for (i = length; i--; ) {
  register float r = (float) red[i] / 255;
  register float g = (float) green[i] / 255;
  register float b = (float) blue[i] / 255;
  register float luminosity =  (0.21f * r + 0.72f * g + 0.07 * b) * 255;
      red[i] = truncate((int)( sepiaRedLut[(int)luminosity]));
      green[i] = truncate((int)(sepiaGreenLut[(int)luminosity]));
      blue[i] = truncate((int)(sepiaBlueLut[(int)luminosity]));
  }
}

     

Cyano Filter

As the name suggests this filter adds a cyan tone to the image. For implementing this cyano filter, we first found the black and white value of the pixel and then the ceilingComponent value of the pixels of three color channels. Then the ceilingComponent Values and the gray values are overlayed to give the resultant image. Finding the ceilComponent Values and the filter implementation is shown below.

#define componentCeiling(x) ((x > 255) ? 255 : x)

static unsigned char overlayPixelComponents(unsigned int overlayComponent, unsigned char underlayComponent, float alpha) {
  float underlay = underlayComponent * alpha;
  return (unsigned char)((underlay / 255) * (underlay + ((2.0f * overlayComponent) / 255) * (255 - underlay)));

}

void applyCyano(Bitmap* bitmapl) {
  //Cache to local variables
//Bitamp initialization
  register unsigned int i;
  register unsigned char grey, r, g, b;
  for (i = length; i--;) {
     grey = ((red[i] * 0.222f) + (green[i] * 0.222f) + (blue[i] * 0.222f));
     r = componentCeiling(61.0f + grey);
     g = componentCeiling(87.0f + grey);
     b = componentCeiling(136.0f + grey);
     grey = (red[i] + green[i] + blue[i]) / 3;
     red[i] = truncate((int)(overlayPixelComponents(grey, r, 0.9f)));
     green[i] = truncate((int)(overlayPixelComponents(grey, g, 0.9f)));
     blue[i] = truncate((int)(overlayPixelComponents(grey, b, 0.9f)));
  }
}

      

Grain Filter

It is clear from the name that this filter adds grain to the image giving an artistic effect. It can be implemented in a very simple manner by assigning gray values to random pixels of an image. The condition inside the main for loop of the below implementation controls the proportion of added grain with respect to the whole image. For generating a random value, the timer has to be initialized first. The whole implementation of the function is shown below.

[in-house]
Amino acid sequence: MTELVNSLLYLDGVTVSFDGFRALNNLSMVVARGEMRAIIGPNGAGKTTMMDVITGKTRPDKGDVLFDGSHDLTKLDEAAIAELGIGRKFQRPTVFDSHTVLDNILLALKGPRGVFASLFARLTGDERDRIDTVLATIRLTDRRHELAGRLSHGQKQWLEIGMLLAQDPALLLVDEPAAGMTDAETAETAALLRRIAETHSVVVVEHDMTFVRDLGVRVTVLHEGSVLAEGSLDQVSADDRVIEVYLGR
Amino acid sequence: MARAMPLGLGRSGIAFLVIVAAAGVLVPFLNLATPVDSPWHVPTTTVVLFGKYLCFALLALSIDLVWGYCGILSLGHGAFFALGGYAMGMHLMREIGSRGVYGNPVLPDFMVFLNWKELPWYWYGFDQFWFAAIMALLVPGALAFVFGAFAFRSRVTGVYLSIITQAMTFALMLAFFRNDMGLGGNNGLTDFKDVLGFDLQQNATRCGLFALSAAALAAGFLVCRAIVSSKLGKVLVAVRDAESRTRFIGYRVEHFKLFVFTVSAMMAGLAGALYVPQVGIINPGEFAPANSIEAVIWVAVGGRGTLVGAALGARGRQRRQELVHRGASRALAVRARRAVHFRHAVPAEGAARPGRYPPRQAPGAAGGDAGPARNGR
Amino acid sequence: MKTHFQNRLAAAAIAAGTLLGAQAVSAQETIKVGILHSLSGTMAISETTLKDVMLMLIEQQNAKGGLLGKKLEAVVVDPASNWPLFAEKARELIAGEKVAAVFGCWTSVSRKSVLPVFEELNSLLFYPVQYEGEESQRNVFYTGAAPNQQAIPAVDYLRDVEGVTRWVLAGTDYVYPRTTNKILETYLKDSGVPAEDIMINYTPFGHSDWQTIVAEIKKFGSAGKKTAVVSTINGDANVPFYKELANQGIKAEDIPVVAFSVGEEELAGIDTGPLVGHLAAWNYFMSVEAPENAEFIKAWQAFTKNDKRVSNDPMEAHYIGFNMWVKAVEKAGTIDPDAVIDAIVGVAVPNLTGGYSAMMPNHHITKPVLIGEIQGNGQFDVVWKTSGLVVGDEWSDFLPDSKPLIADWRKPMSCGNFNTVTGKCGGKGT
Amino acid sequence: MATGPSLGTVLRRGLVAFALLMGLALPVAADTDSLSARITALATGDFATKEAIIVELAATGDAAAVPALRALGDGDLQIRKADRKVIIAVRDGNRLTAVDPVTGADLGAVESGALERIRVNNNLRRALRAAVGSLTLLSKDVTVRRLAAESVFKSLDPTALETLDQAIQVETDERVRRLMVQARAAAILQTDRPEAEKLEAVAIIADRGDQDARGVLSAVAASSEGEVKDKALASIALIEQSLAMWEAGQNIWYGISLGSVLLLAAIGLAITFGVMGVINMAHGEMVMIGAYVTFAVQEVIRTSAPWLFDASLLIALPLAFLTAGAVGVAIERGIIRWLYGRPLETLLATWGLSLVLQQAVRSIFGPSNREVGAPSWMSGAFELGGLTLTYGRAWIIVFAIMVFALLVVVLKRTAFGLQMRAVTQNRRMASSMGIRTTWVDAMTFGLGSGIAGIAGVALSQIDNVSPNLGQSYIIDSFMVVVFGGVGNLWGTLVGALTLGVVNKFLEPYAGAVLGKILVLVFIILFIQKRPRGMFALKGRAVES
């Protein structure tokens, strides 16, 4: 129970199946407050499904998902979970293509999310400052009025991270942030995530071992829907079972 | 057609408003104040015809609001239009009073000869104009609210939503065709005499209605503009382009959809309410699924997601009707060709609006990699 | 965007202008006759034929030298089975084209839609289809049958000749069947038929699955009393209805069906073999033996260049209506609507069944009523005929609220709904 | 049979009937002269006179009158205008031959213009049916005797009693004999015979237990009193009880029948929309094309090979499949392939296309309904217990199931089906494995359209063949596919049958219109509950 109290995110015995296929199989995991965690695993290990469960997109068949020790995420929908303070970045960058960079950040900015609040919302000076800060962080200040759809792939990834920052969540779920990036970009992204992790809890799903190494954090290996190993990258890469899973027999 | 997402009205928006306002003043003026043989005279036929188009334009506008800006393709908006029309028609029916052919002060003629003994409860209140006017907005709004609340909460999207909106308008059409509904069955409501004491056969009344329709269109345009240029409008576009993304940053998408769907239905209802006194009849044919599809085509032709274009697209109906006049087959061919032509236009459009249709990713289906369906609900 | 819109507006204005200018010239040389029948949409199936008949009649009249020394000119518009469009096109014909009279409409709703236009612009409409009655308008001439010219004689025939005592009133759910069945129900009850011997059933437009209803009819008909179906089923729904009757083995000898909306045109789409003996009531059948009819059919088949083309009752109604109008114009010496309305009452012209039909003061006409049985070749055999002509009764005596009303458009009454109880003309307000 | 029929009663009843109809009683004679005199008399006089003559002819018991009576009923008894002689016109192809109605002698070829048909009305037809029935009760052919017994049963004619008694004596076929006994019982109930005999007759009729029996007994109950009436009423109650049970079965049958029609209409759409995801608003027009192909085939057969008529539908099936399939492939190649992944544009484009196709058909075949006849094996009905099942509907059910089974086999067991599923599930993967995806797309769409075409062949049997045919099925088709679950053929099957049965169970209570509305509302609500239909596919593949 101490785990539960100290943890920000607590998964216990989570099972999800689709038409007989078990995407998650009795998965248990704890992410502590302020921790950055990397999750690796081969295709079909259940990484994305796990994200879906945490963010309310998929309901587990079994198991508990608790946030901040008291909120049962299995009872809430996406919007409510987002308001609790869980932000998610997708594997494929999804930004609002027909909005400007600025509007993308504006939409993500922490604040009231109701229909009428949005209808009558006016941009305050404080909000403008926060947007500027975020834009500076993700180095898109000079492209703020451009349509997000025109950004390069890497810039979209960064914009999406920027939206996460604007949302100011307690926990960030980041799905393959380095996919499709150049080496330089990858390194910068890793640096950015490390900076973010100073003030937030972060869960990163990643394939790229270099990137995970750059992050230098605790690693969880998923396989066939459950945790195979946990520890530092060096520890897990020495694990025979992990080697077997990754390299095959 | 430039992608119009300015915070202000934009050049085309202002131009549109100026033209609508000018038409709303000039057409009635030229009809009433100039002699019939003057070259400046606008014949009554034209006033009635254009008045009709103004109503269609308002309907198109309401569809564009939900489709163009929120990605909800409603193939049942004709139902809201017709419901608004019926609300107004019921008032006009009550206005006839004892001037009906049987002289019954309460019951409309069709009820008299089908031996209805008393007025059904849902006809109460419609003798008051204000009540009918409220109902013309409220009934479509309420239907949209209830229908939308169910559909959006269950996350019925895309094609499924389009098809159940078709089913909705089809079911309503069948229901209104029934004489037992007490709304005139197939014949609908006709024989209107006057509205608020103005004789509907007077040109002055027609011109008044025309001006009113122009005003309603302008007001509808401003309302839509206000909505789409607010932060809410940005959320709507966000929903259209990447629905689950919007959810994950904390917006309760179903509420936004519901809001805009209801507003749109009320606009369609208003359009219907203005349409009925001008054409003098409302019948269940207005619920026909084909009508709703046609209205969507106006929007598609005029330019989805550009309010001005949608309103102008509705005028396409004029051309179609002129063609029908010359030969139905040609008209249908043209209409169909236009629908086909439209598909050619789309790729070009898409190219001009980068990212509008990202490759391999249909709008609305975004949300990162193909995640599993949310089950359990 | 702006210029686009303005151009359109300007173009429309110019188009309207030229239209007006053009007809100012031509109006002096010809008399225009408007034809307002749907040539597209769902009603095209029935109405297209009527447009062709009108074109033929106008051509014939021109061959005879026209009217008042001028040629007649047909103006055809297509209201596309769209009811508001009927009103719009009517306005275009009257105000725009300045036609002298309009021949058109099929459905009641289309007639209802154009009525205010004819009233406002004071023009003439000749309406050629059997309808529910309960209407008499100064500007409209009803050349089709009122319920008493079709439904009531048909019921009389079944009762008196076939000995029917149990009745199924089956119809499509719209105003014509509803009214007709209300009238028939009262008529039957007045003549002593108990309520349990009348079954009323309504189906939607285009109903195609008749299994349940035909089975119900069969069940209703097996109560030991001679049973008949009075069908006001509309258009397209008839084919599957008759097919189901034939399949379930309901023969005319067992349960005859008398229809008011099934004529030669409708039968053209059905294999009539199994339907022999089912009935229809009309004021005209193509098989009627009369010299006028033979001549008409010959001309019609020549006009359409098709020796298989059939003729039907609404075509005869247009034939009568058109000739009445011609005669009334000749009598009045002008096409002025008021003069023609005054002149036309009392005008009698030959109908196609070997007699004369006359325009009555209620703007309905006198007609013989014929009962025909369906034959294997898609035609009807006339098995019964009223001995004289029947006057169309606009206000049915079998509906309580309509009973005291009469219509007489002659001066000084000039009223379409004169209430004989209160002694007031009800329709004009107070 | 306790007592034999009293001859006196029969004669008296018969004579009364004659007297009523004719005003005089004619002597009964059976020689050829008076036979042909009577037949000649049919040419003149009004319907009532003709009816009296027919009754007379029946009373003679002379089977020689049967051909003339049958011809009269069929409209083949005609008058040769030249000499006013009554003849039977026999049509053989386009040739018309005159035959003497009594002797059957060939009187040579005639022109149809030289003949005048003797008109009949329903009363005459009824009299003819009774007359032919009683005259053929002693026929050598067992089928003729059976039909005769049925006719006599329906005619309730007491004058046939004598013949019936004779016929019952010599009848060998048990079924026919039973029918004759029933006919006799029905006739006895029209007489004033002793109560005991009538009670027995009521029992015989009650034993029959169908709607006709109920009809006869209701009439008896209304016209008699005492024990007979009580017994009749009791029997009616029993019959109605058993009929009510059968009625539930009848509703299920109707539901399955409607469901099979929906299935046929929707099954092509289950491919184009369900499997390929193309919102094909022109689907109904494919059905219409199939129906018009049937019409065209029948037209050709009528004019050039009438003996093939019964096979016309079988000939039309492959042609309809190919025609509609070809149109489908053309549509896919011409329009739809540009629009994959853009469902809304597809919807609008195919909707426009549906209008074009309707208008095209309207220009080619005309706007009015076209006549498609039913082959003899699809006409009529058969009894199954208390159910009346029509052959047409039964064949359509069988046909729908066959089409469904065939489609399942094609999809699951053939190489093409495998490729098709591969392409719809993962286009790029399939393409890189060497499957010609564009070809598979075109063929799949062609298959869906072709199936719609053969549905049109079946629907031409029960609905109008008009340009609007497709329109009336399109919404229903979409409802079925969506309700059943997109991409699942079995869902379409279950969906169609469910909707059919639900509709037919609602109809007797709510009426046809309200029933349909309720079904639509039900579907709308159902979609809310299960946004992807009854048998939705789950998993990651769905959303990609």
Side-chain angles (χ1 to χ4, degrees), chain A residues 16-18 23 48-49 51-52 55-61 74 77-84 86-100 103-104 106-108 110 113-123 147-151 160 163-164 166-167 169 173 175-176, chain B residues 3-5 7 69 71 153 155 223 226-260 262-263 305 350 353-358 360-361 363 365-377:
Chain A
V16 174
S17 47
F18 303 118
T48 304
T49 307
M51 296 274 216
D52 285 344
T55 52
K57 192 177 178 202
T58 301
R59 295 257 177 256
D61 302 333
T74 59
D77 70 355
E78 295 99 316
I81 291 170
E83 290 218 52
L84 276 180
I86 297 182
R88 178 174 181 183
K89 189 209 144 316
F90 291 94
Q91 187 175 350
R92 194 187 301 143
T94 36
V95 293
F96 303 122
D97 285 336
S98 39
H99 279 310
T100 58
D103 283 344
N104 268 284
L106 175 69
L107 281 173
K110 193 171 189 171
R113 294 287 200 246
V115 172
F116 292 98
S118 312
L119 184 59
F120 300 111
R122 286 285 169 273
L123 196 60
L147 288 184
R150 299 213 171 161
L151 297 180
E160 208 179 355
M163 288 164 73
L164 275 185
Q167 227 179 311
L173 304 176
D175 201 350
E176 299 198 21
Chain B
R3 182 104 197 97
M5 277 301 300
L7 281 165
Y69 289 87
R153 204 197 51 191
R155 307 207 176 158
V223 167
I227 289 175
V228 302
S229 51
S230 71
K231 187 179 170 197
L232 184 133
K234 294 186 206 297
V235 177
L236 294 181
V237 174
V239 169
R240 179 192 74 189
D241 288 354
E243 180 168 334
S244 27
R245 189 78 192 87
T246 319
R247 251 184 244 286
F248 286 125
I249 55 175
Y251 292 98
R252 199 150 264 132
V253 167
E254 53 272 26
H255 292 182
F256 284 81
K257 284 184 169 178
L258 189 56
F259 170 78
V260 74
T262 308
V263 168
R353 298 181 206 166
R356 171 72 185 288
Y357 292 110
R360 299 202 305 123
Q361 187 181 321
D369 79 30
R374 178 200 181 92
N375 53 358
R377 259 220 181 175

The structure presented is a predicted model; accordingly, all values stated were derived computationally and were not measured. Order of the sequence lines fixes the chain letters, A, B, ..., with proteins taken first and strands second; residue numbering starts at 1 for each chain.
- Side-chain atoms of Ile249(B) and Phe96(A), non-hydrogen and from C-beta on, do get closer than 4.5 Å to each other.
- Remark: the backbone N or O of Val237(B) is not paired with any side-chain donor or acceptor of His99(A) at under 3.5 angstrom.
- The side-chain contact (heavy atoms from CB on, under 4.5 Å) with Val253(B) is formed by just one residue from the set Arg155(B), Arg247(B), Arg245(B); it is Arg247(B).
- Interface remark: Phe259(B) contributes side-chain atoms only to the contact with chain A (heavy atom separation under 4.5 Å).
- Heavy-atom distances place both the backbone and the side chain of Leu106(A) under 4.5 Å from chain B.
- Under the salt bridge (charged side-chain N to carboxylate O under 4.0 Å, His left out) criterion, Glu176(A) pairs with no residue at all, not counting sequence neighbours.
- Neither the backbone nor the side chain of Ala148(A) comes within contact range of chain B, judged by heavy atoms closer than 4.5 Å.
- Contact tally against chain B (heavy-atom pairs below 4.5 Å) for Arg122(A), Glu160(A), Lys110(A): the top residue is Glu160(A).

void applyGrain(Bitmap* bitmap) {
/*initializations*/
   time_t t;
   srand((unsigned) time(&t));
  for (i = length; i--;) {
       int rval = rand()%255;
       if (rand()%100 < 15)){
           int grey = (red[i] + green[i] + blue[i]) / 3;
           red[i] = truncate(rval);
           green[i] = truncate(rval);
           blue[i] = truncate(rval);
       }
  }
}

      

Threshold Filter

Thresholding an image gives a binary image i.e the pixels of the image will have only two values. One for a value less than the threshold and other for values greater than the threshold. The threshold value is adjusted by seek bar in Phimpme. An image looks very artistic for a particular value on the seek bar. Its implementation is shown below.

void applyThreshold(Bitmap* bitmap, int val) {
/*bitmap initializations*/
  unsigned char grey, color;
  int thres = 220 - (int)((val/100.0) * 190);
  for (i = length; i--;) {
       grey = (red[i] + green[i] + blue[i]) / 3;
       if (grey < thres) color = 0;
       else color = 255;
       red[i] = truncate((int)(color));
       green[i] = truncate((int)(color));
       blue[i] = truncate((int)(color));
  }
}

     

Resources:

Enhancing Images using Native functions in Phimpme Android

Enhancing the image can be performed by adjusting the brightness, contrast, saturation etc. of that image. In the Phimpme Android Image Application, we implemented many enhancement operations. All these image enhancement operations are performed by the native image processing functions.

An image is made up of color channels. A gray-scale image has a single channel, colored opaque image has three channels and colored image with transparency has four channels. Each color channel of an image represents a two dimensional matrix of integer values. An image of resolution 1920×1080 has 1920 elements in its row and 1080 such rows. The integer values present in the matrices will be ranging from 0 to 255. For a grayscale image there will be a single channel. So, for that image, 0 corresponds to black color and 255 corresponds to white color. By changing the value present in the matrices, the image can be modified.